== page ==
Dr. James K. Stoops
The University of Texas Health Science Center at Houston
Department of Pathology and Laboratory Medicine
- Structure-function studies of macro molecules of biological interest
Research activities involve the structural organization and function of macromolecules, such as the fatty acid synthase, pyruvate dehydrogenase complex, human alpha-2-macroglobulin, ornithine decarboxylase, and CAM-kinase. The multifaceted approaches described below and the diversity of topics under investigation offer the student a well-rounded background in structural biology.
Presently studies of M. tuberculosis (mTB) by light and electron microscopy show that the bacteria are condensed in amorphous structures of enormous size surrounded by a wax-like, hard lipid coat named trehalose dimycolate (TDM) which very effectively shield the bacteria from the immune system and antibiotics. This armor is its Achilles' heel. Accordingly, we propose a direct, rapid and localized approach to treat pulmonary TB in which the bacteria are stripped of their shield by direct exposure to surfactants introduced into the lungs. In this regard, surfactants have been established since the early 60's as an efficient method of disrupting cellular membranes. Our light and electron microscopy studies of mTB support our contention that certain surfactants offer a novel, fast acting, and targeted treatment modality that is well suited for breaching the bacteria's armor and exposing them to antibiotics and the immune response for an uncharacteristic rapid clearance of the disease. Ex-vivo studies of human lungs infected with mTB and treated with surfactants support our effort our indicate the utility of this approach.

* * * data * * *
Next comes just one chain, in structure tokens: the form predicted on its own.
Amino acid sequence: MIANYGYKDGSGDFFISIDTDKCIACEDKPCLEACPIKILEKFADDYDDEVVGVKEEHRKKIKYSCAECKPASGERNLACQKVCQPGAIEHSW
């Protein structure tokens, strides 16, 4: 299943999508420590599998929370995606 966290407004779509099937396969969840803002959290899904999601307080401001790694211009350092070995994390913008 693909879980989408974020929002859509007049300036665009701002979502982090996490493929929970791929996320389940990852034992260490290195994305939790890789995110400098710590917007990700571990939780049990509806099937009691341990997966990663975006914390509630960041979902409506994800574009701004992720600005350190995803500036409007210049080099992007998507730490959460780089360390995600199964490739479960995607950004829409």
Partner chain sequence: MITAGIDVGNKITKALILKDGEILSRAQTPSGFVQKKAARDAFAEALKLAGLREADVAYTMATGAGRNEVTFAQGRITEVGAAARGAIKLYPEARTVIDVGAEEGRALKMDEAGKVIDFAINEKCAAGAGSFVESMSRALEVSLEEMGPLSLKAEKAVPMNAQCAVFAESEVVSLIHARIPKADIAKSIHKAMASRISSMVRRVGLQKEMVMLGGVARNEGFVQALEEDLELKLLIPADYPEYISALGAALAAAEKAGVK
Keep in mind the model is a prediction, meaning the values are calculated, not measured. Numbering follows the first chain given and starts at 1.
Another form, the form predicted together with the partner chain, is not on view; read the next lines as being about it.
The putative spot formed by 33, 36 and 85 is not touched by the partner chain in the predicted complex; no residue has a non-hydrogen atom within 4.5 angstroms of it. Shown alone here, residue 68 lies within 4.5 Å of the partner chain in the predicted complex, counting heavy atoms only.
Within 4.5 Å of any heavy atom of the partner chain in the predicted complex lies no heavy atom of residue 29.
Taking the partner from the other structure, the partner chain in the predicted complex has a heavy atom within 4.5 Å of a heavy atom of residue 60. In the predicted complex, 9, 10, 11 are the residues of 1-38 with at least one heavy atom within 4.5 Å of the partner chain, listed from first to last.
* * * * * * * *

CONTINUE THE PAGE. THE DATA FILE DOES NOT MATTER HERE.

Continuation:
Program in Biochemistry and Molecular Biology
Office: MSB 2.216
Ph.D. - Northwestern University - 1966